History of the United States (Beard)/Chapter XII
THE MIDDLE BORDER AND THE GREAT WEST
"We shall not send an emigrant beyond the Mississippi in a hundred years," exclaimed Livingston, the principal author of the Louisiana purchase. When he made this astounding declaration, he doubtless had before his mind's eye the great stretches of unoccupied lands between the Appalachians and the Mississippi. He also had before him the history of the English colonies, which told him of the two centuries required to settle the seaboard region. To practical men, his prophecy did not seem far wrong; but before the lapse of half that time there appeared beyond the Mississippi a tier of new states, reaching from the Gulf of Mexico to the southern boundary of Minnesota, and a new commonwealth on the Pacific Ocean where American emigrants had raised the Bear flag of California.
The Advance of the Middle Border
Missouri.—When the middle of the nineteenth century had been reached, the Mississippi River, which Daniel Boone, the intrepid hunter, had crossed during Washington's administration "to escape from civilization" in Kentucky, had become the waterway for a vast empire. The center of population of the United States had passed to the Ohio Valley. Missouri, with its wide reaches of rich lands, low-lying, level, and fertile, well adapted to hemp raising, had drawn to its borders thousands of planters from the old Southern states—from Virginia and the Carolinas as well as from Kentucky and Tennessee. When the great compromise of 1820-21 admitted her to the union, wearing "every jewel of sovereignty," as a florid orator announced, migratory slave owners were assured that their property would be safe in Missouri. Along the western shore of the Mississippi and on both banks of the Missouri to the uttermost limits of the state, plantations tilled by bondmen spread out in broad expanses. In the neighborhood of Jefferson City the slaves numbered more than a fourth of the population.
Into this stream of migration from the planting South flowed another current of land-tilling farmers; some from Kentucky, Tennessee, and Mississippi, driven out by the onrush of the planters buying and consolidating small farms into vast estates; and still more from the East and the Old World. To the northwest over against Iowa and to the southwest against Arkansas, these yeomen laid out farms to be tilled by their own labor. In those regions the number of slaves seldom rose above five or six per cent of the population. The old French post, St. Louis, enriched by the fur trade of the Far West and the steamboat traffic of the river, grew into a thriving commercial city, including among its seventy-five thousand inhabitants in 1850 nearly forty thousand foreigners, German immigrants from Pennsylvania and Europe being the largest single element.
Arkansas.—Below Missouri lay the territory of Arkansas, which had long been the paradise of the swarthy hunter and the restless frontiersman fleeing from the advancing borders of farm and town. In search of the life, wild and free, where the rifle supplied the game and a few acres of ground the corn and potatoes, they had filtered into the territory in an unending drift, "squatting" on the land. Without so much as asking the leave of any government, territorial or national, they claimed as their own the soil on which they first planted their feet. Like the Cherokee Indians, whom they had as neighbors, whose very customs and dress they sometimes adopted, the squatters spent their days in the midst of rough plenty, beset by chills, fevers, and the ills of the flesh, but for many years unvexed by political troubles or the restrictions of civilized life.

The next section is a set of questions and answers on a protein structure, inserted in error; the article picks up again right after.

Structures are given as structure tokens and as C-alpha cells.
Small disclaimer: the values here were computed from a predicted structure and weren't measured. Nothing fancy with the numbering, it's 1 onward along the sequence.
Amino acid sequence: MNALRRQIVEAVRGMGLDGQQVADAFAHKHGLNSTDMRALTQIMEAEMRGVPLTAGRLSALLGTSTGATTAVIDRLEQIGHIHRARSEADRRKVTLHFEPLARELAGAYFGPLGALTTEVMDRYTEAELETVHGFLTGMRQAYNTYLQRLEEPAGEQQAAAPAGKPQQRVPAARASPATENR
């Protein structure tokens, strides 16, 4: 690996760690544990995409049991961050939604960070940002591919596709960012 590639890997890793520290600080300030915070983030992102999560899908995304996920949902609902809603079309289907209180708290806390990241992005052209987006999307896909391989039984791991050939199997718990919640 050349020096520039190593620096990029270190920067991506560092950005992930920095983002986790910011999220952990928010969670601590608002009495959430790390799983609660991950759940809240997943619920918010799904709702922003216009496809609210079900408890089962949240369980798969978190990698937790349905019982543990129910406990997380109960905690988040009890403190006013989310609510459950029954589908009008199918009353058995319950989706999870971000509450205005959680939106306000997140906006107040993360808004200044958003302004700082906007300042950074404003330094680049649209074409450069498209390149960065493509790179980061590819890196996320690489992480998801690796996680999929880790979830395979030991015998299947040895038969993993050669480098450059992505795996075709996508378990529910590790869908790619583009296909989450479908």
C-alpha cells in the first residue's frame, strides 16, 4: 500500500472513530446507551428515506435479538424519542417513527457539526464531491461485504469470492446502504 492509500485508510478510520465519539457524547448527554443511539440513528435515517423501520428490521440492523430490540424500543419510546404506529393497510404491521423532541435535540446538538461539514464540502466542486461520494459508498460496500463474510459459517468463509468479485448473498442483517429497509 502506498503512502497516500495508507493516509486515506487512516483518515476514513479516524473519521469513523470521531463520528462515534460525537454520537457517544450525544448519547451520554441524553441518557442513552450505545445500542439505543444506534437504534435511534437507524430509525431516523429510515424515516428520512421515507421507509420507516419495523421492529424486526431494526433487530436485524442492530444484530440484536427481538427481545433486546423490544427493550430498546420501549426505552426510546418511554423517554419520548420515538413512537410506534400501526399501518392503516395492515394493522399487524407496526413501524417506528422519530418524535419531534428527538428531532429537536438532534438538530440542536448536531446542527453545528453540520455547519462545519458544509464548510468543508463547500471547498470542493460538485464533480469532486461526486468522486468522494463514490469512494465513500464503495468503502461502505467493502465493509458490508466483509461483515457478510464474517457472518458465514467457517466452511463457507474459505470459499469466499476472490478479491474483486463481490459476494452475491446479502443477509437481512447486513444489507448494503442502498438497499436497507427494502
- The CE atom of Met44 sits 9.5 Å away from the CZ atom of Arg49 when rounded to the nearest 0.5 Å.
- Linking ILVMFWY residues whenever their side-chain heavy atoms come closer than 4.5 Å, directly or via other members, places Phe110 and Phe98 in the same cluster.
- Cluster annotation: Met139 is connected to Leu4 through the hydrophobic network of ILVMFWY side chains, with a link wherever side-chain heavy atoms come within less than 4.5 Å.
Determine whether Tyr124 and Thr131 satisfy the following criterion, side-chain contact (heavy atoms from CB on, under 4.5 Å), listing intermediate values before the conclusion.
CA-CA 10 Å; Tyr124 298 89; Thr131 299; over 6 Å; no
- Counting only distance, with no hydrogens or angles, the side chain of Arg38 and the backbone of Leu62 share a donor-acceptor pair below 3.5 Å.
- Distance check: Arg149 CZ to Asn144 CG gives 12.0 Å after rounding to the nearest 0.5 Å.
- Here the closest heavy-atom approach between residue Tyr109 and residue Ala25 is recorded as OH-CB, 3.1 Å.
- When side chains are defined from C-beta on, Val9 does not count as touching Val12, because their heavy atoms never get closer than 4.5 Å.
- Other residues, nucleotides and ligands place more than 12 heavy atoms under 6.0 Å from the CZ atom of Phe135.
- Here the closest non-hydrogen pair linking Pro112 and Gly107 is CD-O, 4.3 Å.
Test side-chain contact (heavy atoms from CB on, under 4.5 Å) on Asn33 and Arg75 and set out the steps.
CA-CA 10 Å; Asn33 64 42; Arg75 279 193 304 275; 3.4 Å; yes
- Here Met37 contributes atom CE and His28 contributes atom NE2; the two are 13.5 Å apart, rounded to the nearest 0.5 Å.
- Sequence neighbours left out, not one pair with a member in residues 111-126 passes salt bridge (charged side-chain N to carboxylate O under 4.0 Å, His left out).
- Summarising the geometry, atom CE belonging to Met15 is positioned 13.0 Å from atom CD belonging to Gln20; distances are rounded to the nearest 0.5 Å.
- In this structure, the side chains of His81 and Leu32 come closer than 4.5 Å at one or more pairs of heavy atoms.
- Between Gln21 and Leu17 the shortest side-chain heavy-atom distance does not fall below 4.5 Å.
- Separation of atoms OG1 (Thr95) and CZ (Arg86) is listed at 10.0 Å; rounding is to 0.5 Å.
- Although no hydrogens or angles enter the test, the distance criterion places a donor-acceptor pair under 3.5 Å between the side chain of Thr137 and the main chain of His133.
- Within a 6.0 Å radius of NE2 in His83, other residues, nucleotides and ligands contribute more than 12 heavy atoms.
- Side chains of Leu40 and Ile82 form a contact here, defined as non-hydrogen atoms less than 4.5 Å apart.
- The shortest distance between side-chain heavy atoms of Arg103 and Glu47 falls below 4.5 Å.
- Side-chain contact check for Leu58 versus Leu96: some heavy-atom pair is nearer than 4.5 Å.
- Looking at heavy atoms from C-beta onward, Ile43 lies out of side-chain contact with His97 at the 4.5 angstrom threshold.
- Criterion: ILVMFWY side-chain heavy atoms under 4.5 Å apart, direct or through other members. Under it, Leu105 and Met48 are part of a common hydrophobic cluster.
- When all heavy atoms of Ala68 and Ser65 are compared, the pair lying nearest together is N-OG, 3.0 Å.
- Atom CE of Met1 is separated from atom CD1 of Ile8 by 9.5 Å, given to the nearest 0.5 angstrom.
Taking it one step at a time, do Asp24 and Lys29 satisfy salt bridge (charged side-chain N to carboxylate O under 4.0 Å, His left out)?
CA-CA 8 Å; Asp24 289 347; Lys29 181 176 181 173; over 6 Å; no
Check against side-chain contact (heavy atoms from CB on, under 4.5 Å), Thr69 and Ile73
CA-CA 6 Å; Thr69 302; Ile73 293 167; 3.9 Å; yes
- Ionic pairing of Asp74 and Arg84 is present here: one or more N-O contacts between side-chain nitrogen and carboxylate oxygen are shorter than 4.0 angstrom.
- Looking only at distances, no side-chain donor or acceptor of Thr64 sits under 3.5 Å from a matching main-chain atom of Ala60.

Unfortunately for them, however, the fertile valleys of the Mississippi and Arkansas were well adapted to the cultivation of cotton and tobacco and their sylvan peace was soon broken by an invasion of planters. The newcomers, with their servile workers, spread upward in the valley toward Missouri and along the southern border westward to the Red River. In time the slaves in the tier of counties against Louisiana ranged from thirty to seventy per cent of the population. This marked the doom of the small farmer, swept Arkansas into the main current of planting politics, and led to a powerful lobby at Washington in favor of admission to the union, a boon granted in 1836.
Michigan.—In accordance with a well-established custom, a free state was admitted to the union to balance a slave state. In 1833, the people of Michigan, a territory ten times the size of Connecticut, announced that the time had come for them to enjoy the privileges of a commonwealth. All along the southern border the land had been occupied largely by pioneers from New England, who built prim farmhouses and adopted the town-meeting plan of self-government after the fashion of the old home. The famous post of Detroit was growing into a flourishing city as the boats plying on the Great Lakes carried travelers, settlers, and freight through the narrows. In all, according to the census, there were more than ninety thousand inhabitants in the territory; so it was not without warrant that they clamored for statehood. Congress, busy as ever with politics, delayed; and the inhabitants of Michigan, unable to restrain their impatience, called a convention, drew up a constitution, and started a lively quarrel with Ohio over the southern boundary. The hand of Congress was now forced. Objections were made to the new constitution on the ground that it gave the ballot to all free white males, including aliens not yet naturalized; but the protests were overborne in a long debate. The boundary was fixed, and Michigan, though shorn of some of the land she claimed, came into the union in 1837.